A More Centered Heart (Leighton Ford)
This article appeared in The Charlotte Observer on July 23, 2016.
This summer for me has included a good bit of looking back, including a trip to my native Canada with my daughter and two grandchildren, and rummaging through a pile of old books.
One I came across was the Quaker Thomas Kelly’s classic A Testament of Devotion, that my mother gave me for my 27th birthday.
As I reread his chapter on “The Simplification of Life” I was struck by his opening words:
“The problem we face today needs very little time for its statement. Our lives in a modern city grow too complex and overcrowded … Even the necessary obligations we feel we must meet grow overnight … The times for the deeps of the silences of the heart seem few.”
Each of us, wrote Kelly, tends to be “not a single self, but a whole committee of selves” each loudly demanding more time.
He wrote that in 1941. How much more complex and pressured our lives are today with instant communication and increasing demands and deadlines in our lives, personal and professional.
A young Charlotte lawyer brought a briefcase of work home and sighed, “I can’t ever catch up.” His young daughter said, “Daddy, why don’t you join a slower group”!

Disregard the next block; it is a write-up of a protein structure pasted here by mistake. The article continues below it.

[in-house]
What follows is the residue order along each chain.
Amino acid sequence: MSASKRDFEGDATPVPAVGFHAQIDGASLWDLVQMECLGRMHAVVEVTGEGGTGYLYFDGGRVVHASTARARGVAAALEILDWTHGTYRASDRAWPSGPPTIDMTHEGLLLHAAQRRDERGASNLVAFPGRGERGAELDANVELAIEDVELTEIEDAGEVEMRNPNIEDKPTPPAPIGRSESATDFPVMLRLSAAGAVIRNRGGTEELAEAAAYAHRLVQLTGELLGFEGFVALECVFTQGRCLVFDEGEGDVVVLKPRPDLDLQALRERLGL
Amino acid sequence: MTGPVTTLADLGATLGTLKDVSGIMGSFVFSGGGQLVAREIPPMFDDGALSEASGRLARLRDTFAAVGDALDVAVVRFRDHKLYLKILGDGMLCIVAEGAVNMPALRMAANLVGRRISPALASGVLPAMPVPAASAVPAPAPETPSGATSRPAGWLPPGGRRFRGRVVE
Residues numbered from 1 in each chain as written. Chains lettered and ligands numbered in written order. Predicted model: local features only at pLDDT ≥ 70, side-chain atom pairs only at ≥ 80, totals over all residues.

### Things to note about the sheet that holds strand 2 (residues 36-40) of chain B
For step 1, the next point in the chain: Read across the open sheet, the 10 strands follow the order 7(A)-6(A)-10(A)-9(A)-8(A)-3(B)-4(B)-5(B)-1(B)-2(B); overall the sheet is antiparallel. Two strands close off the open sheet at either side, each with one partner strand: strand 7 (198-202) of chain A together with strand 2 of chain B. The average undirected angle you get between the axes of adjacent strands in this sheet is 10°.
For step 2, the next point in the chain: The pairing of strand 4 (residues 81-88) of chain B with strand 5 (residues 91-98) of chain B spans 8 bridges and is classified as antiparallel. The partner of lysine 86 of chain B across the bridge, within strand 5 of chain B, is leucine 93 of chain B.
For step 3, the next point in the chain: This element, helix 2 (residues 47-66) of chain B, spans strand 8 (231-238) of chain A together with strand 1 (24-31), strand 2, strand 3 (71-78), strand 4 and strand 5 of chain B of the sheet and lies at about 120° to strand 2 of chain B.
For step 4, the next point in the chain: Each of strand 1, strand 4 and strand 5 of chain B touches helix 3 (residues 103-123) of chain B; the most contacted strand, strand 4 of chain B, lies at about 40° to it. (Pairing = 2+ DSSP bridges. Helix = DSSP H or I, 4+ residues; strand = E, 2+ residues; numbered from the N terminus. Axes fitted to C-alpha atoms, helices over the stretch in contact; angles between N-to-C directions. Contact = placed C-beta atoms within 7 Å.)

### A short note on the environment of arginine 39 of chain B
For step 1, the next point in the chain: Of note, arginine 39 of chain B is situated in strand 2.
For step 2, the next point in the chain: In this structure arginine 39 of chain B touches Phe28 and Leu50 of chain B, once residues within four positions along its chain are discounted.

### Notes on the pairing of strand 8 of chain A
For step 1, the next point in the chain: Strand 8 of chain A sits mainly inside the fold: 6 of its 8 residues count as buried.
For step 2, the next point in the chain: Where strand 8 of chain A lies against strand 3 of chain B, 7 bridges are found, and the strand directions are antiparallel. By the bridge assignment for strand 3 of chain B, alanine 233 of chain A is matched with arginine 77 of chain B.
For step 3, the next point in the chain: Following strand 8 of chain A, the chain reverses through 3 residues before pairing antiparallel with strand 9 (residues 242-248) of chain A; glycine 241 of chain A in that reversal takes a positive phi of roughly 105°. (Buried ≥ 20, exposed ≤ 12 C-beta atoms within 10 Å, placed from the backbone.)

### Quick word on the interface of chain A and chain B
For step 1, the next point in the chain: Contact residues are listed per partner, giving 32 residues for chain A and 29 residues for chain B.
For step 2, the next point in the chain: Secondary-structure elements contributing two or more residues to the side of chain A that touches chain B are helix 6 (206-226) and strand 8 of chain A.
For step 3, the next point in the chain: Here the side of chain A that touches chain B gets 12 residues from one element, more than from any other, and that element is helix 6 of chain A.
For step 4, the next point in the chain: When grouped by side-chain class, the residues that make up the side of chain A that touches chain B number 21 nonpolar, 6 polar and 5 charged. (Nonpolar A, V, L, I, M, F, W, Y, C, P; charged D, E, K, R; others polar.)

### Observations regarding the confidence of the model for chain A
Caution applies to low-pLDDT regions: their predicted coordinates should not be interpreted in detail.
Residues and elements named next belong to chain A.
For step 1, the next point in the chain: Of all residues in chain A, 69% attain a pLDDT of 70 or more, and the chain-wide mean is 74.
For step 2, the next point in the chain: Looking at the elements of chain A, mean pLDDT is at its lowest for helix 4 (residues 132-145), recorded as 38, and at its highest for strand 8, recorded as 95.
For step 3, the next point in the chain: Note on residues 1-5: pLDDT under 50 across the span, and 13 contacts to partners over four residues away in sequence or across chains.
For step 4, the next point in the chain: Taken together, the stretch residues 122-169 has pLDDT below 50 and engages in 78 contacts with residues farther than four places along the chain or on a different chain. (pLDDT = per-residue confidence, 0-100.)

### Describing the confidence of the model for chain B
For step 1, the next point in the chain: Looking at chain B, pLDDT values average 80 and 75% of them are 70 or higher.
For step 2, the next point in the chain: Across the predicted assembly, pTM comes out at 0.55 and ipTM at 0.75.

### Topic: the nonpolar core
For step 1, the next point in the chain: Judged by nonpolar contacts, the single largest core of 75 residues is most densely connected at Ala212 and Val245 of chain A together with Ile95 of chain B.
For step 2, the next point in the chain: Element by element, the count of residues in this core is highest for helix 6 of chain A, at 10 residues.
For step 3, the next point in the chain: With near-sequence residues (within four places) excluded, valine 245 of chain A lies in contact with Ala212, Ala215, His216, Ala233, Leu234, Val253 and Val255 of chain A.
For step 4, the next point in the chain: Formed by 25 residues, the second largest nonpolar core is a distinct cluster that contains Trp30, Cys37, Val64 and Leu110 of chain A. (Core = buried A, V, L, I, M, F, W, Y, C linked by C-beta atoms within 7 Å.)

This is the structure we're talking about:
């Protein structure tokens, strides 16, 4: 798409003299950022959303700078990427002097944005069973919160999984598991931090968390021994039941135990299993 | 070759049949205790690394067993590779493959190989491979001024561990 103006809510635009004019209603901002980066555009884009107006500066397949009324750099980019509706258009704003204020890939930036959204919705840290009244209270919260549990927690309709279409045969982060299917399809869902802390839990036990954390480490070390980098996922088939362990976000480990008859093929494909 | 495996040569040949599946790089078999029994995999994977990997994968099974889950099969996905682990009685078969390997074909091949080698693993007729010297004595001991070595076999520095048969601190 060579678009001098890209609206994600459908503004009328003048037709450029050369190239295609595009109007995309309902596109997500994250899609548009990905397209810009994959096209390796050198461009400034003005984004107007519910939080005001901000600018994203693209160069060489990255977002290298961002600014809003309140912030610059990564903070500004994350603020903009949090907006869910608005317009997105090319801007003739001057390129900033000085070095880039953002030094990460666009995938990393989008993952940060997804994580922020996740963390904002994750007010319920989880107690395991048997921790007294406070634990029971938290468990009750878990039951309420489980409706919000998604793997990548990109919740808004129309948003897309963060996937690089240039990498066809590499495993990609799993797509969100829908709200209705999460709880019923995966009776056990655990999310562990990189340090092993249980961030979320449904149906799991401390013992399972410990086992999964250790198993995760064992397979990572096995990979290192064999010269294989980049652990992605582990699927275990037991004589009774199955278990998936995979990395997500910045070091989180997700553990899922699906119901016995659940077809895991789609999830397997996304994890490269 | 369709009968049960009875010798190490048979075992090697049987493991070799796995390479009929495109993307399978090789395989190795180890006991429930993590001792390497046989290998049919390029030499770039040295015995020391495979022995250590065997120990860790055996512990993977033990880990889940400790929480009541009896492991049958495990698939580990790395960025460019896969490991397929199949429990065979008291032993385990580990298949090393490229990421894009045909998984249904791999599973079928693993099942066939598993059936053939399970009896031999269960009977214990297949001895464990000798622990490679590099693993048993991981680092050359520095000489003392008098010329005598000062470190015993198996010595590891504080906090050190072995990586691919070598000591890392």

That sounds like an attractive option! But is the problem the speed and complexity of the world around us? Or, as Kelly wrote is it that “we are not skilled in the inner life, where the real roots of our problem lie”?
Unless we move to some desert or mountain retreat we will be hard pressed to find a less complex world. What we can seek is a more centered heart.
Some years ago I was feeling totally overwhelmed. So I went away for a day to the lake to think and get organized. I wrote down everything I had to do. When I looked at all I’d written I was overwhelmed. I realized that what I needed was not just better time management, but a more centered life.
I remembered meeting Mother Teresa in Calcutta and asking how she kept going with all the dying people she cared for. She answered, “We do our work for Jesus, with Jesus, to Jesus. That’s what keeps it simple.”
She could have been echoing the words of the apostle Paul. Out of his own demanding life he wrote of “the simplicity that is in Christ” or, as it can also be translated, “the simplicity that is toward Christ.”
That day by the lake I put aside my schedule, went out and walked in a circle around a big tree, and prayed, “Lord, I can’t solve all my problems or schedule all my work. But I want to take time to direct all my thoughts, tasks, responsibilities toward you – and let you bring simplicity out of my complexity.”
Now, many years later, I try to stop in the middle of a morning and ask: why am I doing whatever I am doing? Is it “for Jesus, with Jesus, to Jesus”?
Mother Teresa, Paul, Thomas Kelly – all said it well. The one who said – and lived it – best was our Lord Jesus. His life was simple – utter devotion his Father’s call. His words were simple – simply profound. His call is simple – simply radical. “Follow me.”
His words are still simply true for us in our complex lives.
“Seek first the kingdom. The rest will be added.” Simple enough.